Undesirable substances in seafood products - results from the Icelandic marine monitoring activities in the year 2012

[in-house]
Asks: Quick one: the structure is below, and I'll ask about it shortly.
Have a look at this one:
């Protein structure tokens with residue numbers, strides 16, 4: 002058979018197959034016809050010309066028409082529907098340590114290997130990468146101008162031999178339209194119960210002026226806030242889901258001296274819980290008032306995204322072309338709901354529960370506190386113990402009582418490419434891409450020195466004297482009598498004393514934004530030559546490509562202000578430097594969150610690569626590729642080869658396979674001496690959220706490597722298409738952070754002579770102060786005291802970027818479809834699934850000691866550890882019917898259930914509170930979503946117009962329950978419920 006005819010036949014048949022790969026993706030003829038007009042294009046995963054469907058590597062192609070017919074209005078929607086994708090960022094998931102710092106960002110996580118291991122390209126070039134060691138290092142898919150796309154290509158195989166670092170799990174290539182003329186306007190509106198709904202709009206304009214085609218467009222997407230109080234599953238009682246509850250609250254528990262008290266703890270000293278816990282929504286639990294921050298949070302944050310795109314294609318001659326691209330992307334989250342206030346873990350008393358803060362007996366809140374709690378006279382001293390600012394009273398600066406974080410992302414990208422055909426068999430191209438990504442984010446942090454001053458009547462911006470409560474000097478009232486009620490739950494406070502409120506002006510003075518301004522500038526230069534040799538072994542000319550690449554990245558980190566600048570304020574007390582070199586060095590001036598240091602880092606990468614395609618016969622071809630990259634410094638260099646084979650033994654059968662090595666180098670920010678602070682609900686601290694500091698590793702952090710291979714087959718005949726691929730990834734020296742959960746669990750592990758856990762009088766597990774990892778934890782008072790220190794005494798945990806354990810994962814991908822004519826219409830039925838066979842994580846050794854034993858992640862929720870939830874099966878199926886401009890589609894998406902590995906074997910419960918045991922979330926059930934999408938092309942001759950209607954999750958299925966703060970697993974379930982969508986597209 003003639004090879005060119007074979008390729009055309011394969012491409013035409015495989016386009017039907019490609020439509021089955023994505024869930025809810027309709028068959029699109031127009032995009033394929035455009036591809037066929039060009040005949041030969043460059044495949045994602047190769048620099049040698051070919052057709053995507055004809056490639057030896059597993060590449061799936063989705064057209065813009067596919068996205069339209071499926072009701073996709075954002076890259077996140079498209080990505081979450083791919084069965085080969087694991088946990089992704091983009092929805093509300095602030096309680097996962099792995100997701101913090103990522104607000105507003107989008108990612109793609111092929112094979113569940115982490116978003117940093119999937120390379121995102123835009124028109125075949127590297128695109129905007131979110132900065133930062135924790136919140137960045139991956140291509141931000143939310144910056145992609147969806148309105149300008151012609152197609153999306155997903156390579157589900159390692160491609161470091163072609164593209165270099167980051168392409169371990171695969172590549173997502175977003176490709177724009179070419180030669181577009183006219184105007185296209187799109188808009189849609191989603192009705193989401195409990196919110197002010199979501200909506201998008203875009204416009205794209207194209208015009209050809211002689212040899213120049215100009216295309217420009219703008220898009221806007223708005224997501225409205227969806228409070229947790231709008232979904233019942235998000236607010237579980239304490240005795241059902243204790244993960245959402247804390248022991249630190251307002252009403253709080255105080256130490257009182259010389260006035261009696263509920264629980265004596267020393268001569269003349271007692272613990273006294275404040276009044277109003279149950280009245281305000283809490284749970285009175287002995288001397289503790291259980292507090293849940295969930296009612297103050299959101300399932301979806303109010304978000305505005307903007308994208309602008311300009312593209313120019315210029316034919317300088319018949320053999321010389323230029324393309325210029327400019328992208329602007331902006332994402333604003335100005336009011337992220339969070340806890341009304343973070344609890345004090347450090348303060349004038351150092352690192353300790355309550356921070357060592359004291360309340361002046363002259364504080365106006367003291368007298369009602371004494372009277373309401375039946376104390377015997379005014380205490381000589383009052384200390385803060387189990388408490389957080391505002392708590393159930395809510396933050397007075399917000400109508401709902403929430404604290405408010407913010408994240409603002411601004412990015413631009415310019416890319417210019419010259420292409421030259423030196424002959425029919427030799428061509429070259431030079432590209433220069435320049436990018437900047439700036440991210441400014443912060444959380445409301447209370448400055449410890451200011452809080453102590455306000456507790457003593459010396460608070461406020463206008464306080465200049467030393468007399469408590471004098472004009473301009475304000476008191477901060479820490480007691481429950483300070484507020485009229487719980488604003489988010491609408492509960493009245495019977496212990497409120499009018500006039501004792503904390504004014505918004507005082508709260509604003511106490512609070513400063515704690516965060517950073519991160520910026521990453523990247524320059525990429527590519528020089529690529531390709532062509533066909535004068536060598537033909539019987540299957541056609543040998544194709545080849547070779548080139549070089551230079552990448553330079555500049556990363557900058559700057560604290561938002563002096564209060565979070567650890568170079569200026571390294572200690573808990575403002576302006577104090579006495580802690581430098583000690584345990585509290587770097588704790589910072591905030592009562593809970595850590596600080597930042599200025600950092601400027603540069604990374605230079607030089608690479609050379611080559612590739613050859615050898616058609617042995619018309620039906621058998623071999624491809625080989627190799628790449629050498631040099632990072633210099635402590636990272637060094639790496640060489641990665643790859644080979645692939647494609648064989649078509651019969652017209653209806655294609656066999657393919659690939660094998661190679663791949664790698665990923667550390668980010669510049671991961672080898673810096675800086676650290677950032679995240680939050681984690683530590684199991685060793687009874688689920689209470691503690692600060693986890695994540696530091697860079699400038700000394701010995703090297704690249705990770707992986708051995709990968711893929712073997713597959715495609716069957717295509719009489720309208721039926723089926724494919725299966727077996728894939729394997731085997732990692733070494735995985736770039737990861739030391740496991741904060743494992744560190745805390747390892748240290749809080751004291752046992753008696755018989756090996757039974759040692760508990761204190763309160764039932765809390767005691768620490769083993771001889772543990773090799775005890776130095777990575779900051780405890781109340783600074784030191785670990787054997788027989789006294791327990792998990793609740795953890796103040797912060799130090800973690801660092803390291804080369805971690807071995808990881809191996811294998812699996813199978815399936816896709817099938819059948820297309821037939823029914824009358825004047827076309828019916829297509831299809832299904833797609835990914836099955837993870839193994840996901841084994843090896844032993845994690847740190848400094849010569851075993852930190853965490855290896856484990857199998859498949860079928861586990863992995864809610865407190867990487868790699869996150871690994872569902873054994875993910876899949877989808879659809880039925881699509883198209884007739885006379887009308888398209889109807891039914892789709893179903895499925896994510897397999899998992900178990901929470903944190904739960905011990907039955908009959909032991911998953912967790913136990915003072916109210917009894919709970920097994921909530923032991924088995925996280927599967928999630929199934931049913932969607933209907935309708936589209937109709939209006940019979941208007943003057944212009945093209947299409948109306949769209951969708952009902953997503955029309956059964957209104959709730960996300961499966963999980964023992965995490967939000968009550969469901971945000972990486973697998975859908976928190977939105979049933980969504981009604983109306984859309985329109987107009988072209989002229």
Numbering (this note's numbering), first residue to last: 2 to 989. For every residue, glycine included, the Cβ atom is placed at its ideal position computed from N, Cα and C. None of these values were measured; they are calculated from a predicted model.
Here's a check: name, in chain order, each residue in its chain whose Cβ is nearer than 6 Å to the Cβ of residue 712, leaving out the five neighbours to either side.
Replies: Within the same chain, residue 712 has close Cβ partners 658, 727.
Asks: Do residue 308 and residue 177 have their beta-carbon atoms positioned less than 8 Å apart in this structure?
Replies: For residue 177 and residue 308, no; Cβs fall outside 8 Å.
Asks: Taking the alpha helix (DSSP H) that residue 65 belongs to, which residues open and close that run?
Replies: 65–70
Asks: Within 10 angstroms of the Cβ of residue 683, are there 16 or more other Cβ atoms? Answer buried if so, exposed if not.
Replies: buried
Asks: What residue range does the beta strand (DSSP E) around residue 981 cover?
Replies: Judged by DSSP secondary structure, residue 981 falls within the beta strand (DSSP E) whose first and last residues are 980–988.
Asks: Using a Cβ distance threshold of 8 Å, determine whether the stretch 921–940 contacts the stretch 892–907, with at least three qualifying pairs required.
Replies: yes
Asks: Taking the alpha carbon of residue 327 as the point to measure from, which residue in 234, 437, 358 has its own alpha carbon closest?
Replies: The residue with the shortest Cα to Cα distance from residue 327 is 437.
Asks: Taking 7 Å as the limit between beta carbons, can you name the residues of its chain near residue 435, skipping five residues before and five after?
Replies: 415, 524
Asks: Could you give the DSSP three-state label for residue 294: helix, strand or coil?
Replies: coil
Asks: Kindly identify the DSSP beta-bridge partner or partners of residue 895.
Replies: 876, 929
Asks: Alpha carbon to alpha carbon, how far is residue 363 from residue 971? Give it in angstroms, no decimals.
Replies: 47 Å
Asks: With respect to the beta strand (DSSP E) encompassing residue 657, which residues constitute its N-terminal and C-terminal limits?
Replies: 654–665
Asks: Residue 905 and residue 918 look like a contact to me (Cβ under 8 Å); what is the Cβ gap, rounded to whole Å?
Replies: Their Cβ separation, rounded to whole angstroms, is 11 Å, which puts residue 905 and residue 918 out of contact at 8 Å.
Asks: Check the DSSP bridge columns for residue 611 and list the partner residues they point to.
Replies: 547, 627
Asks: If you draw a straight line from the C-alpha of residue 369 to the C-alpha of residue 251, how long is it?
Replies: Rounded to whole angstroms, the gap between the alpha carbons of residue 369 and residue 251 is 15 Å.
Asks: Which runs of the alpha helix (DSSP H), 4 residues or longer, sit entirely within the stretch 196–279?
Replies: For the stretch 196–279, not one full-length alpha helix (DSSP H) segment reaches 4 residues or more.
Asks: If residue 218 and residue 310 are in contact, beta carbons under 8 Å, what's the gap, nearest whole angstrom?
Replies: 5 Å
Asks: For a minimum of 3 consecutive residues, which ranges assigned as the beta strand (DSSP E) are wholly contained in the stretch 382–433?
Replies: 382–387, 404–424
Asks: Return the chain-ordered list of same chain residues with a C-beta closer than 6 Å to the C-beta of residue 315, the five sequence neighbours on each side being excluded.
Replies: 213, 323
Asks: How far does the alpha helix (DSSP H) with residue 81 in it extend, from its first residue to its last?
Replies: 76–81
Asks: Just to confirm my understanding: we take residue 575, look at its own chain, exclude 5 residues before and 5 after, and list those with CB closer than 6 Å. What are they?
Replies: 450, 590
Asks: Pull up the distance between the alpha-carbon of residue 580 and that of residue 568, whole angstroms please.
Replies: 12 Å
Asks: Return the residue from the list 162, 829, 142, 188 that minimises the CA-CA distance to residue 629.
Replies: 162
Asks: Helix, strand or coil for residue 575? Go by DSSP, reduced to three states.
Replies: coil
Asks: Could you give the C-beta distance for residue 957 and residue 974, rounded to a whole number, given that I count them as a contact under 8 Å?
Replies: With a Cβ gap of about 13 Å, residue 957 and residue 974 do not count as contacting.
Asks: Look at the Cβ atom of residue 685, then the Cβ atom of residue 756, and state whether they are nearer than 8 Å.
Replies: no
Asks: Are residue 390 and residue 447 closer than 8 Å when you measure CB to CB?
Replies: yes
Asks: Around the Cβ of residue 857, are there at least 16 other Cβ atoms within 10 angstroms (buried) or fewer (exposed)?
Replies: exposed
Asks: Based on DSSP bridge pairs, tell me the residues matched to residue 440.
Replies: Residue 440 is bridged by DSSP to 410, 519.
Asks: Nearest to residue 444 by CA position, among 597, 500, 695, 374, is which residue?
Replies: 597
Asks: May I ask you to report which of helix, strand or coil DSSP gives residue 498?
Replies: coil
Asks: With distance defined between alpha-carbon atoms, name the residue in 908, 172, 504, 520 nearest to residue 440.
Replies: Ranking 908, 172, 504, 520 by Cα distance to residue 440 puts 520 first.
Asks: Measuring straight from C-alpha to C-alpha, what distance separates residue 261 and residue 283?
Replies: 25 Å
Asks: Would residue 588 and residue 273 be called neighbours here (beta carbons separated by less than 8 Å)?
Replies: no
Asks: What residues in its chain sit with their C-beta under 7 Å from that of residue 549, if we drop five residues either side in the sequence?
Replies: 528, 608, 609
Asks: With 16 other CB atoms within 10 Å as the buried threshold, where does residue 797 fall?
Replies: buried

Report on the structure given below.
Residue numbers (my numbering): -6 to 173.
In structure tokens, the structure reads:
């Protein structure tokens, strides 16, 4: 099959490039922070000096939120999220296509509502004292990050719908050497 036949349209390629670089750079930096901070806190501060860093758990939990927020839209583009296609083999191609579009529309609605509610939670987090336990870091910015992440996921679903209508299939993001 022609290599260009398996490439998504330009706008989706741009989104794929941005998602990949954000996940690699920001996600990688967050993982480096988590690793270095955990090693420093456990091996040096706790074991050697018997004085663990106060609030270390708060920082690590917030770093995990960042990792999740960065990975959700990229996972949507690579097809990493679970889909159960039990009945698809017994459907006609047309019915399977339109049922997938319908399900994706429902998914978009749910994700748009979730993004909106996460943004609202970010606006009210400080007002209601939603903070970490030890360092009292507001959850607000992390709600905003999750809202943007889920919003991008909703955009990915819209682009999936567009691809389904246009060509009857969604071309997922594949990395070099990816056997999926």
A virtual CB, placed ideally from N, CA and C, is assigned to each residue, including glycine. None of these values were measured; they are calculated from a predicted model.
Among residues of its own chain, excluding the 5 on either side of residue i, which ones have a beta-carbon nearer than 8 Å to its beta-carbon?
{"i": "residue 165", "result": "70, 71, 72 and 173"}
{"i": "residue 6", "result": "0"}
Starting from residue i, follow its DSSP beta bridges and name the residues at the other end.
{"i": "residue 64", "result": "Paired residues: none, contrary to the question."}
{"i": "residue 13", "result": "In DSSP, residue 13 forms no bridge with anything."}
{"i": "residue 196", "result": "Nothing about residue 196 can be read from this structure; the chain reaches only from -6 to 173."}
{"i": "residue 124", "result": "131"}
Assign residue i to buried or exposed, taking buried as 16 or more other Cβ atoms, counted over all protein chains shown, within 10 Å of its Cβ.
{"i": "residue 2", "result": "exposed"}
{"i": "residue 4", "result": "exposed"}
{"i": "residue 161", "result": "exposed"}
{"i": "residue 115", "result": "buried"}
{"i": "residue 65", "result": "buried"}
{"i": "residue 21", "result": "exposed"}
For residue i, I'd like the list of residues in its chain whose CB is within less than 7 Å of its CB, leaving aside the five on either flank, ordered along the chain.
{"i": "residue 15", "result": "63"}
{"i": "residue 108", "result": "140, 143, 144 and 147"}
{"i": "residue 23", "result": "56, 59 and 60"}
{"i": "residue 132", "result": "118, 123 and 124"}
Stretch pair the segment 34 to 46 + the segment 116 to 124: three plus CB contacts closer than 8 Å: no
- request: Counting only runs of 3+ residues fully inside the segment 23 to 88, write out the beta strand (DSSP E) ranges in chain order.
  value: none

This report summarizes the results of monitoring for undesirable substances in seafood, fishmeal and fish oil for feed since 2012. The EU maximum levels for dioxins and dioxin-like PCBs (DL-PCBs) in food and feed were recently lowered and maximum levels were set for the first time. set for "non-dioxin-like" PCBs (NDL-PCBs). The new maximum values are used in this report to assess how Icelandic seafood meets EU requirements. The monitoring began in 2003 with the help of the then Ministry of Fisheries, the current Ministry of Industry and Innovation, and has now been carried out for ten consecutive years. The project builds a knowledge base on the amount of undesirable substances in economically important species and marine products, it is defined as a long-term project where monitoring and review are constantly necessary. In 2012, emphasis was placed on gathering information on the organic compounds PFC and inorganic trace elements in edible seafood, but also in fishmeal and fish oil for feed. In general, the results obtained in 2012 were in line with previous results from 2003 to 2011. The results showed that Icelandic seafood contains insignificant amounts of persistent organic pollutants such as dioxins, PCBs, pesticides and PBDEs. This was the second year that PFCs have been detected in Icelandic seafood and perfluorooctane sulfon amide (PFOSA) was the only PFC substance that exceeded the detection limit, other PFC substances were not measured. The results from 2012 showed that despite the change in maximum levels for dioxins, DL-PCBs and NDL-PCBs (EU Regulation No. 1259/2011), all samples of seafood for human consumption are below the EU maximum levels for persistent organic pollutants and heavy metals. The concentration of reference PCBs (marker PCBs) turned out to be minimal in the edible part of the fish, compared to the new maximum EU values. The results also showed that the concentration of heavy metals, such as cadmium (Cd), lead (Pb) and mercury (Hg) in Icelandic seafood was always below the EU maximum values. In March 2012, EU Regulation No. 277/2012 entered into force, lowering maximum levels for dioxins and DL-PCBs in animal feed, but also setting maximum levels for NDL-PCBs. Despite this change, all samples of fishmeal and fish oil for feed were measured below maximum levels, with the exception of one blue whiting meal sample containing toxafen above EU maximum levels.